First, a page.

What’s your earliest memory? Chances are you can’t remember anything before the age of three. Otherwise known as childhood amnesia, it affects us all but isn’t quite the stuff of Hollywood. In the movies, the plot usually revolves around someone being bopped on the head and suddenly having no idea who they are or what they are supposed to be doing. And more often than not, a second whack to the head and the person’s memories return, good as new. But is that an accurate depiction of amnesia?
I can’t remember anything that happened before two weeks ago… I don’t know who I am, I don’t know where I’m going, none of it. Matt Damon as Jason Bourne
Whether the Bourne Identity, Memento, 50 First Dates or Hitchcock’s Spellbound, there are plenty of movies that depict extreme cases of amnesia. In real life, cases like these aren’t nearly as common or black-and-white as Hollywood might have us believe. But there are a variety of real types of amnesia, some more common than others.
Few people can remember anything from their childhoods earlier than age three. Despite some people claiming otherwise, research suggests that people aren’t able to remember their own births.
Why can’t we remember specific events from early in our lives? We certainly don’t forget skills like walking, talking and riding a bike we learn during those first few years. Sigmund Freud suggested we suppress these early memories because they were sexual and traumatic.
A more recent theory suggests childhood amnesia is a result of lack of language. It turns out that if children don’t have the necessary vocabulary to describe an event when it happens, they aren’t able to describe it later, even after learning the necessary words.
New research suggests that we forget our early years because of the fact so many new brain cells are being formed in the hippocampus, which is an important brain structure involved in memory formation. Essentially, the new brain nerve cells disrupt the circuits (and memories) that have already been formed in our brains.
Who are you?
Retrograde amnesia is when all memories formed before a particular event – like a brain injury – are lost. Scientists have been fascinated by this kind of amnesia for more than 120 years and have studied many patients affected by it.
In one case, a woman, known as G.H. woke up after surgery performed in August 2002. She was convinced it was May 1989 and was unable to recognise her own children. G. H. couldn’t remember anything about her previous life after May 1989.
Excitingly, research published earlier this year showed that the lost memories may in fact still be intact in the brain, but access to the memories has become blocked because of disease or trauma. The researchers found particular cells called Engram cells retained the memories and the memories could be recalled by shining a light on the cells. I should point out that unlike in the movies, there is no evidence that a second ‘hit’ to the brain brings back the lost memories.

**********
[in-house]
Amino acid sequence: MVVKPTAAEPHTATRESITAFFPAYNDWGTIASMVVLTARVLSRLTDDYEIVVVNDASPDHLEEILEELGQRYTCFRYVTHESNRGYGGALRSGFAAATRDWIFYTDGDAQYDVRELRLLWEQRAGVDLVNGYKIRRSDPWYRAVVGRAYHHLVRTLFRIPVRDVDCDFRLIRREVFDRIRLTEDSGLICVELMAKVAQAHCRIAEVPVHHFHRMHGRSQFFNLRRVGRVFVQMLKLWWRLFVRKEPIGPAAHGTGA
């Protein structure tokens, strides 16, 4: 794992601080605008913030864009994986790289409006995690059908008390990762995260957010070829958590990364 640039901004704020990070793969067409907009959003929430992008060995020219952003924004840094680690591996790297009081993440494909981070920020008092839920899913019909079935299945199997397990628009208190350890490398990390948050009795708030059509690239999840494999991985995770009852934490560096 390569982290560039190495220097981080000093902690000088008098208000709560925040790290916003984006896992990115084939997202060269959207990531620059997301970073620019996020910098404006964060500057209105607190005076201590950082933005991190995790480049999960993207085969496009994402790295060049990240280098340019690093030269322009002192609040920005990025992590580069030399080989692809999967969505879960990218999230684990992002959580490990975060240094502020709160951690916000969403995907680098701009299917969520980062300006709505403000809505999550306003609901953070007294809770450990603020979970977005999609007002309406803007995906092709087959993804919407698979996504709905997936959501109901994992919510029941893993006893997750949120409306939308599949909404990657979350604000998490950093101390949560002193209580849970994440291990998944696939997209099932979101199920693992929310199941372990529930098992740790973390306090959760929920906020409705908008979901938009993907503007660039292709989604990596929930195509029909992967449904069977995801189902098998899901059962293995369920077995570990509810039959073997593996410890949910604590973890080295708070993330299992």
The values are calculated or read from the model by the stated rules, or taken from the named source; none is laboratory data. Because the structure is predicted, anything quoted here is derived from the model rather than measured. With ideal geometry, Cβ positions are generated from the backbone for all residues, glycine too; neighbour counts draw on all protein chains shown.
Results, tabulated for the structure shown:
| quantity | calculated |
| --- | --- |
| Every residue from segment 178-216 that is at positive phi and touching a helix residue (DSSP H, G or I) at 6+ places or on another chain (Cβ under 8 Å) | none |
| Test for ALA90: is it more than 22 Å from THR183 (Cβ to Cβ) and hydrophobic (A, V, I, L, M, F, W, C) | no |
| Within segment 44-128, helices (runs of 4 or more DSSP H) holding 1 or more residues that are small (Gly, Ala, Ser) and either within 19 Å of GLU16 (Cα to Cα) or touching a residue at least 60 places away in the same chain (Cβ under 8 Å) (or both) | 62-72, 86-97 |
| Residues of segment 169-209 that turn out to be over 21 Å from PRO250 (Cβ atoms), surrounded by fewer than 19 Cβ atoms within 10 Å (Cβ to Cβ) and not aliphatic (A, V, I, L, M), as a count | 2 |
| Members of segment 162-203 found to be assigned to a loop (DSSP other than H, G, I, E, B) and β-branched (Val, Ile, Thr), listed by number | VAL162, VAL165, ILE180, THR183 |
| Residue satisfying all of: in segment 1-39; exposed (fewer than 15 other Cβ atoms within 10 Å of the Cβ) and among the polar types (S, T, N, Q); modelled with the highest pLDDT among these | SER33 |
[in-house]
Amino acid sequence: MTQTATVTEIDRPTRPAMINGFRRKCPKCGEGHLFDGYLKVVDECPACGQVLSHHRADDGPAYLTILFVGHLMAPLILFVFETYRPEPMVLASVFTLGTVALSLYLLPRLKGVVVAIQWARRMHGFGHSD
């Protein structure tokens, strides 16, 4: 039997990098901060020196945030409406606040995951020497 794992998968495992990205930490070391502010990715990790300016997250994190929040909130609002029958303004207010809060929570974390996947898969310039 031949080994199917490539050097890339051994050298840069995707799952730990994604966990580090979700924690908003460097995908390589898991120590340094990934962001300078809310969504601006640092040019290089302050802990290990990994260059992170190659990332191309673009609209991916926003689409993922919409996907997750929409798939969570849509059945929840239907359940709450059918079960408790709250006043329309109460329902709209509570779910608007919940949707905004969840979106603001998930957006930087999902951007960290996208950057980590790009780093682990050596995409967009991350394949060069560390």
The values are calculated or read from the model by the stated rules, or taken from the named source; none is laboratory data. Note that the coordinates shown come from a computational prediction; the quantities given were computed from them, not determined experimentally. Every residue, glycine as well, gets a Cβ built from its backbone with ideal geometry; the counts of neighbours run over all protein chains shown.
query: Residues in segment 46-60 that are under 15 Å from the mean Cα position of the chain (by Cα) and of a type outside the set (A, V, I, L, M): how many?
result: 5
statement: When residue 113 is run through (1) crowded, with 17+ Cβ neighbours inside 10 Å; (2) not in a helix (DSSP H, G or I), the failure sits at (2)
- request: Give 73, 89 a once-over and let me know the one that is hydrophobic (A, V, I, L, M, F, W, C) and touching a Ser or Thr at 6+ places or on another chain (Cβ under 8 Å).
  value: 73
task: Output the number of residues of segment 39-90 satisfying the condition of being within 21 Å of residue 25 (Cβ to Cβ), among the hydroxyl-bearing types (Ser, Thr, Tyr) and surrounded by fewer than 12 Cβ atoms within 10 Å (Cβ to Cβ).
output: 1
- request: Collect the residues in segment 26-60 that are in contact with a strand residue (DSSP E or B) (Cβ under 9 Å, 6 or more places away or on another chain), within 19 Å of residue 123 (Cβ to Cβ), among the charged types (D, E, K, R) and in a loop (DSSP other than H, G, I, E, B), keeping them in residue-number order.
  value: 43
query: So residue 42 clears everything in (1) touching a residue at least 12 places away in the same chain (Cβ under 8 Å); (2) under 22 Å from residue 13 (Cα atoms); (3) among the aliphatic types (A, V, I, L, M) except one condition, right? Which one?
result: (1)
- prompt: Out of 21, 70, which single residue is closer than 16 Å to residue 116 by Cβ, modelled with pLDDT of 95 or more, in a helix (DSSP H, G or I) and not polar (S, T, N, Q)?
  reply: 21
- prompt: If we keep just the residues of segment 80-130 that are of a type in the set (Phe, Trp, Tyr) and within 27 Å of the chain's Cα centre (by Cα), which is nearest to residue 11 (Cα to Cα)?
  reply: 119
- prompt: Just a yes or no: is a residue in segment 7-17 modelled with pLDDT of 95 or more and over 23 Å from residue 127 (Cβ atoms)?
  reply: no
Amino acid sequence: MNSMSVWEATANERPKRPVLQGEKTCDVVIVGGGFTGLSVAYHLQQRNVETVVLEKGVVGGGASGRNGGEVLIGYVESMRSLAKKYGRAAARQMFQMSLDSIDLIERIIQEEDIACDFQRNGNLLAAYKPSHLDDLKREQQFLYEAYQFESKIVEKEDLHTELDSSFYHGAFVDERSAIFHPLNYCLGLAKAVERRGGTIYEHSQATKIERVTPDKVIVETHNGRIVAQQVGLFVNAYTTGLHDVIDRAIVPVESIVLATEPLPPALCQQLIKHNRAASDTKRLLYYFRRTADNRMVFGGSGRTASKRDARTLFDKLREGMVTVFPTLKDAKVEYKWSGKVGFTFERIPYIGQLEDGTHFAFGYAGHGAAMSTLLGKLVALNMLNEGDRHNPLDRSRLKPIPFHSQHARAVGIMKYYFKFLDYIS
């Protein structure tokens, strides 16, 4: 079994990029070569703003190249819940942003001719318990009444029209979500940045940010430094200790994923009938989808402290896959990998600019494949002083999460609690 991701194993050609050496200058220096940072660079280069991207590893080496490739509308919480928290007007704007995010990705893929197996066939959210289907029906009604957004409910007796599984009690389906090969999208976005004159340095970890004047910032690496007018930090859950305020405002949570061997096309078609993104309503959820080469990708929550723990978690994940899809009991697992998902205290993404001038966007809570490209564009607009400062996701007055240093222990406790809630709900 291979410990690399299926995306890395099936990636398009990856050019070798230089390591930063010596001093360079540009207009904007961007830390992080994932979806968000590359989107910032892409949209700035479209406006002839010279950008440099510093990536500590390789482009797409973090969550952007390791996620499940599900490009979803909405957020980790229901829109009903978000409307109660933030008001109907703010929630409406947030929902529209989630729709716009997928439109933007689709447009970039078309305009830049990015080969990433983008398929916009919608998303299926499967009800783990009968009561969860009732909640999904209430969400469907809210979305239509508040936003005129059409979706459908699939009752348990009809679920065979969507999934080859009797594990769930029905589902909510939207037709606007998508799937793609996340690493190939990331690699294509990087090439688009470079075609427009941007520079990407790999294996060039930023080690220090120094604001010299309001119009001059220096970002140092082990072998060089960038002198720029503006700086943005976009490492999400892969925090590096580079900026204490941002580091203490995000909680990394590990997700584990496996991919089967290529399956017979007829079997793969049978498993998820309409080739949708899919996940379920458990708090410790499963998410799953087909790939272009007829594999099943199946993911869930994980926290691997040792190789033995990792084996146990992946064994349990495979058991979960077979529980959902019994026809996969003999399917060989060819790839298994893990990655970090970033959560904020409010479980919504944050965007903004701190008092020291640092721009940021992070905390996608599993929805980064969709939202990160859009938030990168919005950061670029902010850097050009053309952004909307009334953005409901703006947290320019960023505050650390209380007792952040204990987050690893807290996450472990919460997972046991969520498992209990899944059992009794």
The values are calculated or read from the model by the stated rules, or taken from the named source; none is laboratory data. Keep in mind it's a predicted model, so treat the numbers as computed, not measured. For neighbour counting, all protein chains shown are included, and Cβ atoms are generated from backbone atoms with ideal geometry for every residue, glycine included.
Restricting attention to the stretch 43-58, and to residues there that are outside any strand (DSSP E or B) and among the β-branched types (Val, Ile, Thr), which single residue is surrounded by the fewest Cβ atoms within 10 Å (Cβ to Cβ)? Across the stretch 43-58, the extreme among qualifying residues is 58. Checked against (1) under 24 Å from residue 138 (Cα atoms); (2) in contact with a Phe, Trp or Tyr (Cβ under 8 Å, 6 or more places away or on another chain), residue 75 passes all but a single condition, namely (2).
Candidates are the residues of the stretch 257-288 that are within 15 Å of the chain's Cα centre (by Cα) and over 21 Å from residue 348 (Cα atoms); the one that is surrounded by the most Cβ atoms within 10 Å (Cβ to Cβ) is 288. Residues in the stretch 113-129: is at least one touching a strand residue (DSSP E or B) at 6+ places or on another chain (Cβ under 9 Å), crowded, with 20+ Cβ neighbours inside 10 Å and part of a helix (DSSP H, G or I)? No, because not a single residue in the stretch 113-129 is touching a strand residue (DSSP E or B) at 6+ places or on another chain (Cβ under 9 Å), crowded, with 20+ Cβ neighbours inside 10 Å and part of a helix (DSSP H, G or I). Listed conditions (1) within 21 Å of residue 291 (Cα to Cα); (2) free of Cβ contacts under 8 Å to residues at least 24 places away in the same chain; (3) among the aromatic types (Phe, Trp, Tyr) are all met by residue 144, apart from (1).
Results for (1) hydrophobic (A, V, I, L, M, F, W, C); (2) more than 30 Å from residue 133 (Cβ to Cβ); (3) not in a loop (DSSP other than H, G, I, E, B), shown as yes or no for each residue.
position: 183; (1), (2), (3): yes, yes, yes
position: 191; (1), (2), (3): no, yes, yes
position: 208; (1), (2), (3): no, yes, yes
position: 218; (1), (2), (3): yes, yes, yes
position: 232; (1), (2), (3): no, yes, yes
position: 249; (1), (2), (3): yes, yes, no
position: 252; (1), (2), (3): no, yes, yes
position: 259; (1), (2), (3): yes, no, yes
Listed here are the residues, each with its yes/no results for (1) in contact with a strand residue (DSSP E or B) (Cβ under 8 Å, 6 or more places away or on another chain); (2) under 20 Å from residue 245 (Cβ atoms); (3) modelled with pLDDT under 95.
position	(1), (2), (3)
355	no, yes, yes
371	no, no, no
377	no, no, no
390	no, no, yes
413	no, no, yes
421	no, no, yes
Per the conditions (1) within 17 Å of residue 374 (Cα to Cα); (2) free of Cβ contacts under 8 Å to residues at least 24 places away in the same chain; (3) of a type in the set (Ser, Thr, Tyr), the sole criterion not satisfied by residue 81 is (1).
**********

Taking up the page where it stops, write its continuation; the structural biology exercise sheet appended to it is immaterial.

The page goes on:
Just keep swimming
Remember Dory in the movie Finding Nemo? And Leonard Shelby (Guy Pearce) in Memento? These are two of the more accurate movie portrayals of amnesia, in both cases, anterograde amnesia.
People suffering anterograde amnesia retain their identity and memories of their lives before a particular event (like a head injury) but completely lose the ability to form new memories. In Memento, Shelby is shown tattooing facts about his wife’s murder onto his body as the only way to be able to hold onto them.
We understand stacks about this type of amnesia because of a famous patient known as Henry M. Henry’s amnesia was the result of brain surgery performed to try to reduce his epileptic seizures. The surgery removed a number of areas of his brain tissue and left him with no memories of anything that happened to him after the surgery and the inability to retain any new information for more than a few minutes. Henry M’s amnesia has been studied extensively and is fascinating to read about.
Play it again, Sam
And then there are many more complex and fascinating examples of amnesia.
For example, there was a professional cellist who developed severe amnesia after suffering a viral infection of the brain. He was unable to recall any events from his past life, or remember any of his friends or family. He also had difficulty forming new memories. But he could still remember and play every piece of music he had ever learned, sight-read new music and learn new music he had never heard before.
And there was even one documented case of amnesia just like in the 2004 film 50 First Dates. As a result of a car accident in 2005, a patient known as F.L. wasn’t able to retain memories from one day to the next. During any one day her memory was normal but her memory of each day disappeared during a night of sleep. But in a fascinating twist, subsequent research suggested her own experience of amnesia may have been unconsciously influenced by her knowledge of how amnesia had been depicted in the movie. When she didn’t realise she was being tested on something she had learned prior to that day, her memory was quite good. Drew Barrymore happened to be her favourite actress and with time and treatment, her amnesia improved.
Now if that’s not life imitating ‘art’, I don’t know what is.
Links and stuff
Radio on demand
This post accompanies a radio segment on Triple R’s Breakfasters program on Wednesday 1 July 2015.
Great write up. I feel for poor Henry M – what a strange ongoing life to live – lost in the past but unable to live in the present. How would you cook, eat, brush your teeth (just twice a day, not one hundred?)
I know. It’s hard to imagine living like that. One of the most well known books written about him is called Permanent Present Tense which is a very clever choice I reckon!
I guess as the title suggest, it takes the expression ‘living in the now’ to. Whole new level